I am now offering for sale a touchswitch circuit, typically for use in lamps, but also usable anywhere else you might like to turn on/off a household AC connected device with a single touch.
Background and Overview
While working on my Prairie Desk Lamp, I decided I wanted a more high-tech method of turning it on and off than using some old-fashioned pull chain, or worse, a crappy switch attached to the power cord. I may like woodworking projects that look old-fashioned, but I don't want them operating that way too. So I looked at the local hardware stores for a touchswitch circuit, and all I found were the kind which screw into a light bulb socket, and basically require a metal-bodied lamp. That wouldn't work at all with this wooden lamp with bulbs under a shade.
So I then searched the internet for a schematic for a touchswitch circuit which I could build myself, and I found this circuit at Dave Johnson's DiscoverCircuits website. Reusing this circuit, designed by an expert in analog electronics, was much faster and easier than trying to design my own, which would have been far more complex since I'm really more knowledgable about microcontrollers and embedded systems than analog stuff.
I entered the schematic into the excellent open-source PCB design program Kicad, and then used it to design a PCB. I apologize for not having a photo of this board, but it's currently installed in my lamp. I've provided the above 3D simulation drawing, generated by Kicad, to show what it looks like.
The market for this circuit is anyone who wants a touchswitch circuit to add to their own project, such as a lamp, and isn't happy with the limitations of store-bought units. If there is demand, I can also modify this circuit for other requirements, such as switching two circuits independantly, like if you had a lamp with two bulbs and wanted 3 settings: Off, 1 bulb on, and both bulbs on.
This device is shipped as a bare circuit board, measuring 2.075" x 1.000", with one 3-position terminal connector, where wires can be inserted and easily secured with screws. A hole on the other side is where the touch sensor attaches; this can be any type of metal, attached to the board with a wire.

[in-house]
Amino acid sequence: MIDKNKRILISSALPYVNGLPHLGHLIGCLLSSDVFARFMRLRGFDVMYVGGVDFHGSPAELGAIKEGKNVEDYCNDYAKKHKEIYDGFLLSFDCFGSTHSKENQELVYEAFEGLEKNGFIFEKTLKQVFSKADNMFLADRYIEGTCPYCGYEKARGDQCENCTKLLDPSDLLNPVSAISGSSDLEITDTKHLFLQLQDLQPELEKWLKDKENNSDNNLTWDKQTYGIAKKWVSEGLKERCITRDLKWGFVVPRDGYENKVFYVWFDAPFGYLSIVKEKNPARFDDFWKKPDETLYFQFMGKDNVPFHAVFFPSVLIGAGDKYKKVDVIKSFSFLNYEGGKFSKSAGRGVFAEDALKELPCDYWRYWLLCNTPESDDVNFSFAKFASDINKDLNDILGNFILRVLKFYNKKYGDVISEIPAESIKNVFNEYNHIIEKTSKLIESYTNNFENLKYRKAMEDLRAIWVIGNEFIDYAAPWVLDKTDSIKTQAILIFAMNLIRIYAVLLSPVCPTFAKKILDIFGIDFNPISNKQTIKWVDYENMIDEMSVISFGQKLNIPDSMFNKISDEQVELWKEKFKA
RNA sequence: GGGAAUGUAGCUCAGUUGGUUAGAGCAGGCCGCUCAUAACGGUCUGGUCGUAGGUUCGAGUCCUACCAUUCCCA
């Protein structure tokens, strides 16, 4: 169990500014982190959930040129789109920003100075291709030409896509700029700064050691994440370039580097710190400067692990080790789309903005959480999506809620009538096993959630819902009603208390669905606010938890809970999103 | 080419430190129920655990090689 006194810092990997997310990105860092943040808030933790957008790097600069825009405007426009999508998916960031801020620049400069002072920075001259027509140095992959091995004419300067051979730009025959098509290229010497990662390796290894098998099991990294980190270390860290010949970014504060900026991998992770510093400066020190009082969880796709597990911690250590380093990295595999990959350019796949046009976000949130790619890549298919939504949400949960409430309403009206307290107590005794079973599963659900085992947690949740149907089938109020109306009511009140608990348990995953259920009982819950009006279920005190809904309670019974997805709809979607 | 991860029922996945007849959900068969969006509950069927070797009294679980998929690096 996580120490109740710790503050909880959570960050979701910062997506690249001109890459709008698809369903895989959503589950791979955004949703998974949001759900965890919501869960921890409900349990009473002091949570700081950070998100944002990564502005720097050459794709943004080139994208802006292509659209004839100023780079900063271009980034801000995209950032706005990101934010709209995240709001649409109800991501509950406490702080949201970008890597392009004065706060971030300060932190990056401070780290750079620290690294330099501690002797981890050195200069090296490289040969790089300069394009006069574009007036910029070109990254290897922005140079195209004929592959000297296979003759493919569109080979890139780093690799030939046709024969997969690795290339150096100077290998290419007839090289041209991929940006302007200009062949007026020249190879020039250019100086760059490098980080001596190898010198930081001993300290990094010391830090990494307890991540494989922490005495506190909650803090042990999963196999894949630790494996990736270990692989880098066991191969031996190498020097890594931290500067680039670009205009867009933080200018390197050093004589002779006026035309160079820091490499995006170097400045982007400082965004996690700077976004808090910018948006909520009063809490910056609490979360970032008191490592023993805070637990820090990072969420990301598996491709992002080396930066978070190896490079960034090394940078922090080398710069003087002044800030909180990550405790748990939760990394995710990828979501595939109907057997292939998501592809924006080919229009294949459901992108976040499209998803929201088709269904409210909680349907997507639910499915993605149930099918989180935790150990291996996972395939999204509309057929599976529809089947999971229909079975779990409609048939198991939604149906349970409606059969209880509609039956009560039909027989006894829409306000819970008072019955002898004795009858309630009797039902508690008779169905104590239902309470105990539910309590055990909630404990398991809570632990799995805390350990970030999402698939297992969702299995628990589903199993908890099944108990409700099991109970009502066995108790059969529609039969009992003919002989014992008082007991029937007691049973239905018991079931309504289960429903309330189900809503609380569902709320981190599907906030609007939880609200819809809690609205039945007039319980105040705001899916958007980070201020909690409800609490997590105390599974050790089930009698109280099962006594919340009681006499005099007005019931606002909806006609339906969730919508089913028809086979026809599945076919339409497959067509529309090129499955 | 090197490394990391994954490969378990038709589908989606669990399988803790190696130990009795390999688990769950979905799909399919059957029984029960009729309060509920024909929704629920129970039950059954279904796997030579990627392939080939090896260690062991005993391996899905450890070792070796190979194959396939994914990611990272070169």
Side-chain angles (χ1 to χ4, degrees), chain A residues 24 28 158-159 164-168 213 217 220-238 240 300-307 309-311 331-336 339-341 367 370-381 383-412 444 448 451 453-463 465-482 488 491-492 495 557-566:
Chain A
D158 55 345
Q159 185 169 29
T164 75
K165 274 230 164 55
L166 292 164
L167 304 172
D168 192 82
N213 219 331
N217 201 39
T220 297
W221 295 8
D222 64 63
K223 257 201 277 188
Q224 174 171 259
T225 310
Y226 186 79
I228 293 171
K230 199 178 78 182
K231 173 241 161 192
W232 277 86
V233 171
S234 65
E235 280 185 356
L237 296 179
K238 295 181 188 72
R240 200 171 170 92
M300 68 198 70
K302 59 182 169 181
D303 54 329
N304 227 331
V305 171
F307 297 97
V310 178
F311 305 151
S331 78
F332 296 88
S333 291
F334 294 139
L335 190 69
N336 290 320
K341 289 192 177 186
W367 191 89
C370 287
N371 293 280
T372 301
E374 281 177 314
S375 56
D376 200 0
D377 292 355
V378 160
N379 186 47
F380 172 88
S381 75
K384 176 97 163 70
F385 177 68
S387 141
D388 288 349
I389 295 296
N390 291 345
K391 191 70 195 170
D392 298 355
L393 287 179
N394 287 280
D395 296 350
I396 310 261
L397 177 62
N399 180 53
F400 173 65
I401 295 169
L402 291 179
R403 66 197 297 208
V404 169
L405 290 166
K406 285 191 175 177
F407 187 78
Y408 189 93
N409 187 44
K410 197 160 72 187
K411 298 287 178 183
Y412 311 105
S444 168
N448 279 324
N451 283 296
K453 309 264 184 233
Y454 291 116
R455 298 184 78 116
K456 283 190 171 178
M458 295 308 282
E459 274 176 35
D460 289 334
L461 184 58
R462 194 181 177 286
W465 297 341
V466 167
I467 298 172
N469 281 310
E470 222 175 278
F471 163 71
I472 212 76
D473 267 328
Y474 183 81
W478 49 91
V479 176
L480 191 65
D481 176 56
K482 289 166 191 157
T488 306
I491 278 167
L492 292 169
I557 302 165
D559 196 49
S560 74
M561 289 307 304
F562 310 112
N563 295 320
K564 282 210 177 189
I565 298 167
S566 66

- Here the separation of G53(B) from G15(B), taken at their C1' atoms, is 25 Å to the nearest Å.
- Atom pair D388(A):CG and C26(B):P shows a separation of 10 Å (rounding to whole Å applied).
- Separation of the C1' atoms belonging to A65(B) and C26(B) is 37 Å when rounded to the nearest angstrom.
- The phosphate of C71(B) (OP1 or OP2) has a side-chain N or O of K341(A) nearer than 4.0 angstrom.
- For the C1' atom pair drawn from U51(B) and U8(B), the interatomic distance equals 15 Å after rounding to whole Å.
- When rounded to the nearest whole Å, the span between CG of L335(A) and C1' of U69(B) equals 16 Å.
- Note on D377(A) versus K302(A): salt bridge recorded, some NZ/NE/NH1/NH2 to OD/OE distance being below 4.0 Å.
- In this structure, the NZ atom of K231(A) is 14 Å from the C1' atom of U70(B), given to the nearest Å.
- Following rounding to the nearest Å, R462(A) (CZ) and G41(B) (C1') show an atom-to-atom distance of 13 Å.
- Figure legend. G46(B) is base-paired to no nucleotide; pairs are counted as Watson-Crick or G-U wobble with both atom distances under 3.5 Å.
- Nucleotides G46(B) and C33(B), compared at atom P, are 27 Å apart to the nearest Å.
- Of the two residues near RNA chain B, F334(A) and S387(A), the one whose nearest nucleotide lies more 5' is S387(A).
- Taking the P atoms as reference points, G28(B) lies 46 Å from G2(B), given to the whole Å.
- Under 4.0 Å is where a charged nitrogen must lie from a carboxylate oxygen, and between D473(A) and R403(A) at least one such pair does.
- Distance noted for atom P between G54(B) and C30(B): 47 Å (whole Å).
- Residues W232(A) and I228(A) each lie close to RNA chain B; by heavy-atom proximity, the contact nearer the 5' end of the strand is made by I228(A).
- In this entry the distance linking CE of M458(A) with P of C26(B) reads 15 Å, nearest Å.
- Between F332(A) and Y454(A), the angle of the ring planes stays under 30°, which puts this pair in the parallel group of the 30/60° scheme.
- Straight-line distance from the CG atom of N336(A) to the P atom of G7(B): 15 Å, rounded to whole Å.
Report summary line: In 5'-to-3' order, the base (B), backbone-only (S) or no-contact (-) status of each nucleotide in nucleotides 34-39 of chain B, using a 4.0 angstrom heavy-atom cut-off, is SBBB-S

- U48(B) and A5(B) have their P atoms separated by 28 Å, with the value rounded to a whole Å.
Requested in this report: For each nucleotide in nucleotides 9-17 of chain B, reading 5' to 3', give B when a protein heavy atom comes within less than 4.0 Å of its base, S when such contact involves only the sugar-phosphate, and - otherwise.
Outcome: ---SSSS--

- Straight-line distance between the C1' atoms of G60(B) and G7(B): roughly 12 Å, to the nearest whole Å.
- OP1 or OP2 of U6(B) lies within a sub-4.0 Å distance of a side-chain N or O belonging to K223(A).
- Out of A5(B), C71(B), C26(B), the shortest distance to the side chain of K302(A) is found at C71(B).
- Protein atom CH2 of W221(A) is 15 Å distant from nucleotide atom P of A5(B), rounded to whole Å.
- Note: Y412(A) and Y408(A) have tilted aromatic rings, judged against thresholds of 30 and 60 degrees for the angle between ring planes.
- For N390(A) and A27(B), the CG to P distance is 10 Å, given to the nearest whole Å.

The circuit only operates on 120V AC circuits (the standard for North America and some other countries), and can switch loads up to 200 Watts.
You may mount this board anywhere you choose, though it's obviously advisable to mount it inside something wooden or plastic to prevent any short-circuits. Each unit is fully tested, and includes instructions.
This unit is not currently in production, so I am currently taking requests to see how much interest there is. If there is enough interest, I can produce units in about two weeks. Otherwise, I can produce single quantities with a longer lead time, as it would not be difficult to add this board to my other PCB manufacturing orders.
This product will come with a one-year warranty. Since most problems lie in installation, reasonable effort will be given to assist the installer in diagnosing installation errors if a problem is reported. If the problem is diagnosed to be in the touchswitch unit, the customer will be allowed to send the malfunctioning unit back for repair or replacement, at my discretion. In this event, shipping charges will be refunded to the customer.
The price for this touchswitch circuit will probably be $25, plus any applicable shipping charges. There is no "handling" charge.
I accept payment by Paypal or by money order.
Interested? Reserve your unit now!